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  • Writer's pictureGethin Thomas

Hurlers at Minions

Originally published on Photoblog by Gethin Thomas JULY. 28, 2021

We went on our long anticipated day trip to Cornwall last week. We don't know Cornwall well, or at least the top end, having only been right down to the foot of the county on previous holidays. Now, living in Devon much of Cornwall is a short drive away and has been out of bounds for most of the last eighteen months.

We didn't go with any fixed idea of what to see, just for a bit of exploration, so when we got there we just picked some interesting looking roads and meandered around. Our road map had small red highlights showing ancient monuments and that was why we headed for The Hurlers. It said stone circles and we had never heard of them.

The Hurlers is a group of three stone circles in the civil parish of St Cleer, Cornwall, England, UK. The site is half-a-mile (0.8 km) west of the village of Minions on the eastern flank of Bodmin Moor dated to about 1500BC.

Some 150 prehistoric stone circles have been identified in England, of which 16 are to be found on Bodmin Moor, the largest of the Cornish granite uplands. Of these, The Hurlers are the most fascinating.

The close grouping of three Late Neolithic or Early Bronze Age stone circles is extremely rare in England, but a grouping of three such regular circles is unique.

The Hurlers comprises three stone circles that lie on a line from SSW to NNE, and have diameters of 35 metres (115 ft), 42 metres (138 ft) and 33 metres (108 ft). The two outer stone circles are circular. The middle circle, the largest is slightly elliptical. The survival of the southern stone circle, which now contains nine stones, has been most precarious: only two of the remaining stones are upright and the other seven are partially covered with soil. In the middle circle 14 stones survive out of 28. The stones show clear traces of being hammered smooth. The northern stone circle contained around 30 standing stones, from which 15 are still visible. Two other monoliths, the Pipers, are 100 metres (330 ft) southwest of the middle circle and may be entrance stones to the Hurlers.

Below you can see the largest, middle circle, looking south. The Pipers are just visible in the distance, a pair of stones right next to each other just to the right of the main stone in the centre of the picture. On the horizon is a much later winding engine tower indicating a mine.

The name "Hurlers" derives from a legend, in which men were playing Cornish hurling on a Sunday and were magically transformed into stones as punishment. The "Pipers" are supposed to be the figures of two men who played tunes on a Sunday and suffered the same fate. According to another legend, it is impossible to accurately count the number of standing stones.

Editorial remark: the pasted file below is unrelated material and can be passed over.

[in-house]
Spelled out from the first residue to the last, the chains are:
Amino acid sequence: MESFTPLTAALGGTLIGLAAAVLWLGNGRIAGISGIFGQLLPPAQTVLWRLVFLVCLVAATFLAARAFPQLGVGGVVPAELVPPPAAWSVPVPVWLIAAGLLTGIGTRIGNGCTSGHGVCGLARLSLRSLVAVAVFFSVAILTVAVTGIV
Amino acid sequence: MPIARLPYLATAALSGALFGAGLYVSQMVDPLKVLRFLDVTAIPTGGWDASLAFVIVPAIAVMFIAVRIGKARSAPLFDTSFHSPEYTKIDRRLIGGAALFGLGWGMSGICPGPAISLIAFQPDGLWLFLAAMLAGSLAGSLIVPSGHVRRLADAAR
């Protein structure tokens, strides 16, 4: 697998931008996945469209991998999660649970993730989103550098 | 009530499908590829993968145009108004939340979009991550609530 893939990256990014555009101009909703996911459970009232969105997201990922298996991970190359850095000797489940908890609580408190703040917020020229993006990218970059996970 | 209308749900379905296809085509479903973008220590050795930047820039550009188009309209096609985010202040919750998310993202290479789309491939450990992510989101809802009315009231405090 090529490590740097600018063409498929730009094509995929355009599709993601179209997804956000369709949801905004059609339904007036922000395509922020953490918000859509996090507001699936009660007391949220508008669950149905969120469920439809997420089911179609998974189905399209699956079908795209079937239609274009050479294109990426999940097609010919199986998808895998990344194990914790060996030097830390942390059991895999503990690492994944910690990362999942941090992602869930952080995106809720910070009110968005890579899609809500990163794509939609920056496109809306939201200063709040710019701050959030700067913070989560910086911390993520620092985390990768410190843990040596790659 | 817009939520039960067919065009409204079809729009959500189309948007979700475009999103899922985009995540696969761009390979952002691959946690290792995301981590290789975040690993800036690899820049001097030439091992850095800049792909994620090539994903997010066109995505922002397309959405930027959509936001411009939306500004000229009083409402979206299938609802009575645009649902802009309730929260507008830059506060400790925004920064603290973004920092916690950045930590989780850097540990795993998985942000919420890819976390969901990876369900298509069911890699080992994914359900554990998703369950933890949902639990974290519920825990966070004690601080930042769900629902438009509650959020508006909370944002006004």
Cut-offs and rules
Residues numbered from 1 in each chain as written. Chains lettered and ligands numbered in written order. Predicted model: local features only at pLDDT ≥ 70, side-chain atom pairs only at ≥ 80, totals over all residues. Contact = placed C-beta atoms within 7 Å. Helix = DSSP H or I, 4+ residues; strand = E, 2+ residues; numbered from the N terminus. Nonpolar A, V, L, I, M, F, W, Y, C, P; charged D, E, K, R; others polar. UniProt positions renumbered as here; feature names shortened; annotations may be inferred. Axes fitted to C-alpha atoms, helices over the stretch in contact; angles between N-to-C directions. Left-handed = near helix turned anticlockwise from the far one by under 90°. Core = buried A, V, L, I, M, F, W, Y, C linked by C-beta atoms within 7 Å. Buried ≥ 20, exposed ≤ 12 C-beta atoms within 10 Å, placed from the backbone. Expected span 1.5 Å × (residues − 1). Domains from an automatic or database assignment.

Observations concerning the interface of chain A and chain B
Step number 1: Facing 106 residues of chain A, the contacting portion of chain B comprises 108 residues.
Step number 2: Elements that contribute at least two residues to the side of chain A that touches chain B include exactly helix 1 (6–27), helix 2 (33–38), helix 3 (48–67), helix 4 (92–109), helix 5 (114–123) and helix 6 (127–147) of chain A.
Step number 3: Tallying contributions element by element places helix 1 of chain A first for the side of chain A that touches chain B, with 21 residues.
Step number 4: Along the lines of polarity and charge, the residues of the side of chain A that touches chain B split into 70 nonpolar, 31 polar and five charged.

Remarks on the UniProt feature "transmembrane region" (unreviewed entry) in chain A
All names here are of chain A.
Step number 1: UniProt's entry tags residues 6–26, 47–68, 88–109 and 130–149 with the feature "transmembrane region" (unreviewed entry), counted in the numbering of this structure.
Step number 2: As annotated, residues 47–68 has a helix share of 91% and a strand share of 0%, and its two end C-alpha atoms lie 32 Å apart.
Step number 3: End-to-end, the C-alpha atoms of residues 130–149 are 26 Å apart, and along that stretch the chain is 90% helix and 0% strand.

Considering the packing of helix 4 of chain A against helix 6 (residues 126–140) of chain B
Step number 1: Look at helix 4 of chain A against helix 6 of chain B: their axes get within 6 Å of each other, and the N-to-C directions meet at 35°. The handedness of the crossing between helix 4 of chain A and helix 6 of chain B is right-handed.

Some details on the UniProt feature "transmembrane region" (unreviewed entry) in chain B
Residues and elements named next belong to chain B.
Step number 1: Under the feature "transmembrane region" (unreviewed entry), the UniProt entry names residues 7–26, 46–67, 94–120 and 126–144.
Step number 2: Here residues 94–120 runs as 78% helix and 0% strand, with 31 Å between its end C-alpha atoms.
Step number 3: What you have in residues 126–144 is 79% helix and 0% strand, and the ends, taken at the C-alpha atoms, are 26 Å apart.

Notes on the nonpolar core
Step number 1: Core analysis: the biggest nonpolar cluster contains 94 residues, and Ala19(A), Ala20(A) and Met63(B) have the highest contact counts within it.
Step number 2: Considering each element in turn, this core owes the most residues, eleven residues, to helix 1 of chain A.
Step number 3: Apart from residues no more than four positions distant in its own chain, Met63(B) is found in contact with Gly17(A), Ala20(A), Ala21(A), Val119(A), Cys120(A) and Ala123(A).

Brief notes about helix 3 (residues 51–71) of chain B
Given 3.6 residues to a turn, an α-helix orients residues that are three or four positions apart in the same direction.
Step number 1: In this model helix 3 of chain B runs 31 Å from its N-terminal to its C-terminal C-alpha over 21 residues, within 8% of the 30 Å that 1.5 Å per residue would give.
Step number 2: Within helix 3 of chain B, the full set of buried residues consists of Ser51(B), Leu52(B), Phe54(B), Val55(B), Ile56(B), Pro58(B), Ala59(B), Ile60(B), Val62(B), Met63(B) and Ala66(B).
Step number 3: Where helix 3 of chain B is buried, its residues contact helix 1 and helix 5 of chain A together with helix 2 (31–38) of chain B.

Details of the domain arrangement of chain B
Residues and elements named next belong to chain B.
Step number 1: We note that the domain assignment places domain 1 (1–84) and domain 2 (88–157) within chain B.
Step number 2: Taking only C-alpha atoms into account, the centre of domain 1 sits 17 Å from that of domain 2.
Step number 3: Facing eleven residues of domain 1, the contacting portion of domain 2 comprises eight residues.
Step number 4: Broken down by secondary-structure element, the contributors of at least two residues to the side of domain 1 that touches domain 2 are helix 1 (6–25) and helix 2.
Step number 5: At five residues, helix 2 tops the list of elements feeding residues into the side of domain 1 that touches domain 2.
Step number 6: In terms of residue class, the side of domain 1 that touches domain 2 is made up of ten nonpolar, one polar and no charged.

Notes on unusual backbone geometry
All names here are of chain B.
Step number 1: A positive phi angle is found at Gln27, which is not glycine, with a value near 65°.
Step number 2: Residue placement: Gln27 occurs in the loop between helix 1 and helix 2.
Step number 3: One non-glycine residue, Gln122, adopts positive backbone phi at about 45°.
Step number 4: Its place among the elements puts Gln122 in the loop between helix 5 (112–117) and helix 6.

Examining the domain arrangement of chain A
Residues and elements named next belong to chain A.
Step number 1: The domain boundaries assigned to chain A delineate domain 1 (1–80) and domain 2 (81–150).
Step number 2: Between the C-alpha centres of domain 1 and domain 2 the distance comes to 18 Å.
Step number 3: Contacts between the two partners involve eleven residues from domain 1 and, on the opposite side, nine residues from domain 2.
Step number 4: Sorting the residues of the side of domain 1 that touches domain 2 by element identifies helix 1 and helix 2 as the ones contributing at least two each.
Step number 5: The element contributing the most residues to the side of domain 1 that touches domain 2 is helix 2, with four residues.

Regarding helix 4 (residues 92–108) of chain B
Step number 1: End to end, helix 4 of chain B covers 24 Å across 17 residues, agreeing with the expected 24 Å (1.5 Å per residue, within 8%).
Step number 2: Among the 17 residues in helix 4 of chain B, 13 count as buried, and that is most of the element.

The earliest mention of the Hurlers was by historian John Norden, who visited them around 1584. They were described by William Camden in his Britannia of 1586. In 1754 William Borlase published the first detailed description of the site.

Ralegh Radford excavated the site in the 1930s, and partly restored the two northern circles by re-erecting some stones and placing marker stones in the positions of those missing. There have been several subsequent investigations. A survey by the Cornwall Archeological Unit in 2009 indicated that there might also be a fourth circle and two stone rows.

Minions is in the former Caradon administrative district and in the parish of Linkinhorne. At 300 metres (980 ft) it is said to be the highest village in Cornwall.

The village is dominated by Caradon Hill, standing at 371 metres (1,217 ft) high, on which there is a TV transmission mast on the summit. As a result, there is a road leading up to the summit from Minions. On the western flank of the hill, a quarry recently started up again, cutting granite boulders.

As well as this working quarry, there are many other disused quarries and mine buildings in the area due to the village's mining heritage, including the Phoenix United Mine that closed in 1914. Unlike in the west of Cornwall, there are no plans to reopen the tin and copper mines in the area.

In May 2015, a road sign was erected outside the village in tribute to the then-forthcoming Minions movie. This sign was removed later the same year for safety reasons, due to families stopping on the narrow road to take photographs. Local residents fought for the "tourism-boosting" sign to stay, stating that it had "put Minions on the map." Calls for the colourful sign to be reinstated received strong support, with an anonymous member of the public placing stickers of the popular characters on the original sign.

This view North East shows a different engine winding tower and a twentieth century communications tower, making the most of the natural high elevation on Bodmin Moor. There is another winding engine on the right in the middle distance. At one point I was standing in a spot and around me I could make out seven different engine towers at once.

Although nowhere near as famous or as grand as Stone Henge, The Hurlers are a larger more extensive formation and have the advantage that you can walk amongst them, and touch them and even in the height of summer you can view them for free, without queuing, and with hardly any other people present.

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